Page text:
After what seems like an eternity of rumors, the Google Pixel 5a is official. There really aren’t any surprises here. It packs a Snapdragon 765G chipset, 6GB RAM, 128GB of storage, 12MP and 16MP cameras (f/1.7 + f/2.2 ultra-wide), and it comes with an 18W USB Type-C charger. Aside from a lack of wireless charging and a bit less RAM, it’s pretty much like a larger Pixel 5.

Google Pixel 5 and Pixel 5a side by side

Google Pixel 5 and Pixel 5a side by side

Indeed, that might be exactly what you’re looking for though. Last year with the Pixel 5, Google caught some criticism for not offering an XL model, something it had never done before. And since it used the Snapdragon 765G in the Pixel 5, Pixel 4a 5G, and the Pixel 5a, this device is kind of the Pixel 5 XL you might have wanted. Again, with the exception of wireless charging.

While the lack of wireless charging is a disappointing compromise, as is the lack of a 90Hz refresh rate, it’s worth remembering that this is a $449 smartphone. The smaller Pixel 5 retails for $699. The Pixel a-series is always all about value, and this device delivers.

Google Pixel 5 and Pixel 5a side by side

Google Pixel 5 and Pixel 5a side by side

The color is called Mostly Black, which put simply, is not black. It’s green, sort of like a forest green. I quite like it, and I’m really pleased to see Google deviate from the standard Just Black and Clearly White. The Sorta Sage color on the Pixel 5 was a hit, and let’s face it. Regular black and white phones are boring.

Google Pixel 5 and Pixel 5a side by sideGoogle Pixel 5 and Pixel 5a side by side

I’m not entirely sure why it’s called Mostly Black when it’s clearly a deep green, but it can look more black depending on the lighting. It’s really a nice look. It’s subtle but not boring.

On a side note, I really wish Google would drop the names that it seems to think are quirky and cute. Just call a black phone black, and call this device green.

Google Pixel 5 on top of Pixel 5aGoogle Pixel 5 on top of Pixel 5a

The design is mostly the same that we saw on the Pixel 5. It’s got the same camera housing, the fingerprint sensor, and the unibody design. It’s still made out of metal, although you wouldn’t know it by holding it. The power button and the Google logo are matte, rather than mirrored like we saw on the Pixel 5. It’s the kind of changes that you’d expect from the Pixel 5a.

One other thing to note is that the battery is larger on the Pixel 5a at 4,680mAh, rather than 4,080. Combined with the lower refresh rate on the screen, that should lead to much better battery life.

Closeup of hole-punch camera on Pixel 5aCloseup of hole-punch camera on Pixel 5a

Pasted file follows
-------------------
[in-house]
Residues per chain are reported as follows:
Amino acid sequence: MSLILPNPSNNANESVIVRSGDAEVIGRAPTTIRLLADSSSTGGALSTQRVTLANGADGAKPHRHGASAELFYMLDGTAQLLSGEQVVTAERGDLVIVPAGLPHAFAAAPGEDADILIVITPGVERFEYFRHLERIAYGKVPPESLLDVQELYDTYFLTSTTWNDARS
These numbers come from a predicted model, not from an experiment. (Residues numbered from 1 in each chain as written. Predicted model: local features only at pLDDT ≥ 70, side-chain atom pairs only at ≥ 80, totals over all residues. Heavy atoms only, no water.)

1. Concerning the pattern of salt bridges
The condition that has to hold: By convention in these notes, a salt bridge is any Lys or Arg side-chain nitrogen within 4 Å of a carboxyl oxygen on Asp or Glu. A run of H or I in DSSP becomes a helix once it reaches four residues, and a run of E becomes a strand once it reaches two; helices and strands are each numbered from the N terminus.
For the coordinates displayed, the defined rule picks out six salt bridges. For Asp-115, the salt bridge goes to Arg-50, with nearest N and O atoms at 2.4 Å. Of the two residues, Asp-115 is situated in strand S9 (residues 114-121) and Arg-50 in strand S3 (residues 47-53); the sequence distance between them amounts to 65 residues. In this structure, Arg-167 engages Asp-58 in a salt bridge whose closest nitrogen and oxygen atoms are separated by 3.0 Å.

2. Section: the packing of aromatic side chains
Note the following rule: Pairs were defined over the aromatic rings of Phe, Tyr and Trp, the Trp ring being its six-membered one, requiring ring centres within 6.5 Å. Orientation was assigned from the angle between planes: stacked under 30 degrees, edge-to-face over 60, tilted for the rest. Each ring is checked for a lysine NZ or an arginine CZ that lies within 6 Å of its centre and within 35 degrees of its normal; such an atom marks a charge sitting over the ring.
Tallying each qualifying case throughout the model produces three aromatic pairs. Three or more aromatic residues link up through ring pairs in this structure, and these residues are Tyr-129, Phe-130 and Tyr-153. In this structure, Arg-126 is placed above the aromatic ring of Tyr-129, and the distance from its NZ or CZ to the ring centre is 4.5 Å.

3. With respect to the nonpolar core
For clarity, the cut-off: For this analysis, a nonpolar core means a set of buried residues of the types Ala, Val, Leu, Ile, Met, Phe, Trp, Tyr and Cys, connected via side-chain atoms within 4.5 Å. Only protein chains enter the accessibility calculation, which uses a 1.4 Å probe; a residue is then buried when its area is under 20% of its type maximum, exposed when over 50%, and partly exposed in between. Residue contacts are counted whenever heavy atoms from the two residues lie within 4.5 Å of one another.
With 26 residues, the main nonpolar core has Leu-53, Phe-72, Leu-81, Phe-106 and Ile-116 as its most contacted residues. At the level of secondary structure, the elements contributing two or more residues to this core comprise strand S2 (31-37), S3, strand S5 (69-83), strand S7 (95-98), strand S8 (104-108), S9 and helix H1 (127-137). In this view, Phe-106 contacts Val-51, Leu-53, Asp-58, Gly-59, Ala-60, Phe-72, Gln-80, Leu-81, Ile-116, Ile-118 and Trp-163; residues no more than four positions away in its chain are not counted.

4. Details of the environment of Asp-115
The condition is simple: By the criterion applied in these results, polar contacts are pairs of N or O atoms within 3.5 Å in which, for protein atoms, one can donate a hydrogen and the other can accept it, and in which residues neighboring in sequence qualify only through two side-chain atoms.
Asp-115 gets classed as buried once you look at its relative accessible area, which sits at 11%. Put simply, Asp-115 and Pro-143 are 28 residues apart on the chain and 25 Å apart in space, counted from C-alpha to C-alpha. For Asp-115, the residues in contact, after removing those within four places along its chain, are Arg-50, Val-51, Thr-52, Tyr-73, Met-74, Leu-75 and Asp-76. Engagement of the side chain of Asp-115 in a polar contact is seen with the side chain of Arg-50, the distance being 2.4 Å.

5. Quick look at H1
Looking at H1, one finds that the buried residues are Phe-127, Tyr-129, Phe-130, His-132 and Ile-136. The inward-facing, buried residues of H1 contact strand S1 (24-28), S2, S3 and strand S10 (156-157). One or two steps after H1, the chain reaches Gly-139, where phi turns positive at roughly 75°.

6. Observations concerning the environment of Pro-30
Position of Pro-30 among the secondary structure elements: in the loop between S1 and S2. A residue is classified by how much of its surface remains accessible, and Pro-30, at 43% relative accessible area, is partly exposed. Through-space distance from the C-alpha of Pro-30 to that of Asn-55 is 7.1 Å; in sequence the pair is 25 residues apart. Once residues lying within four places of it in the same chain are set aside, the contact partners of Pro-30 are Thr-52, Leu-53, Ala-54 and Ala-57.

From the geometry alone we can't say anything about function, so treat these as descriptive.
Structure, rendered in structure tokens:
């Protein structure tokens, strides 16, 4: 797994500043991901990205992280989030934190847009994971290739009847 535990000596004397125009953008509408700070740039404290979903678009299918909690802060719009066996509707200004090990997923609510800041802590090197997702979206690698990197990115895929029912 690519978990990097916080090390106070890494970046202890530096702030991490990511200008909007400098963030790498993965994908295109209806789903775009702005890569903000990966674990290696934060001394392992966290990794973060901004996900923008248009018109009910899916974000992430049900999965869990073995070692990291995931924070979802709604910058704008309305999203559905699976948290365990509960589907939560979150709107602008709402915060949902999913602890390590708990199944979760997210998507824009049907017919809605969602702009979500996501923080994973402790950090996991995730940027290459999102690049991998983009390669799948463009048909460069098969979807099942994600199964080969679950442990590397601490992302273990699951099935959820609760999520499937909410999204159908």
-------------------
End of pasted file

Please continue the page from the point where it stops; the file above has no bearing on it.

The screen still has a hole-punch cut-out for the 8MP f/2.0 front-facing camera. Indeed, if you just look at the front of the Pixel 5a and its higher-end predecessor, it’s pretty easy to tell that they’re related to each other. The same goes for if you look at the back.

Close up of headphone jack on Google Pixel 5aClose up of headphone jack on Google Pixel 5a

The Google Pixel 5a once again has a headphone jack, something that continues to be pushed in the mid-range. Indeed. if you’ve got a flagship Pixel 5, the Mountain View firm expects that you’ll invest in some Pixel Buds. Of course, to go along with the a-series, the company does offer the less expensive Pixel Buds A.

I still find it bothersome when a company puts the headphone jack on the opposite side from the charging port, although Google has always done this. To me, it just makes more sense to put all exposed areas on one side, minimizing the risk of damage. Take it from someone who used to work in a lot of pizzerias in his youth, coming home covered in flour.

Hand holding Mostly Black Google Pixel 5aHand holding Mostly Black Google Pixel 5a

It probably goes without saying, but the Pixel 5a does come with 5G support, although only sub-6GHz bands. Most people wouldn’t even notice if it had mmWave support anyway, except for how the device would cost more. Anything in this price range these days is going to come with 5G support though. Google did make a 4G version of the Pixel 4a, and I wouldn’t expect that to happen again.

The first Pixel handset from the a-series was the Pixel 3a, and it came in regular and XL sizes. The selling point from Google was that it was an affordable phone that had flagship features. With features like Now Playing – when the device automatically displays what song is playing on the radio at any time – and the camera single-lens camera as the Pixel 3 proper, the company delivered on that promise. Then came the Pixel 4a and the Pixel 4a 5G.

With the Google Pixel 5a, the company continues to deliver on that promise of offering the Pixel features that we all know and love, but in a more affordable package. The main compromises to get there this time, instead of a lower-end chipset, are wireless charging, the display refresh rate, and including 6GB RAM instead of 8GB. It’s pretty solid, and if you’re spending $449 on a phone, the Pixel 5a seems like a good place to start.

You can check it out on the Google Store here.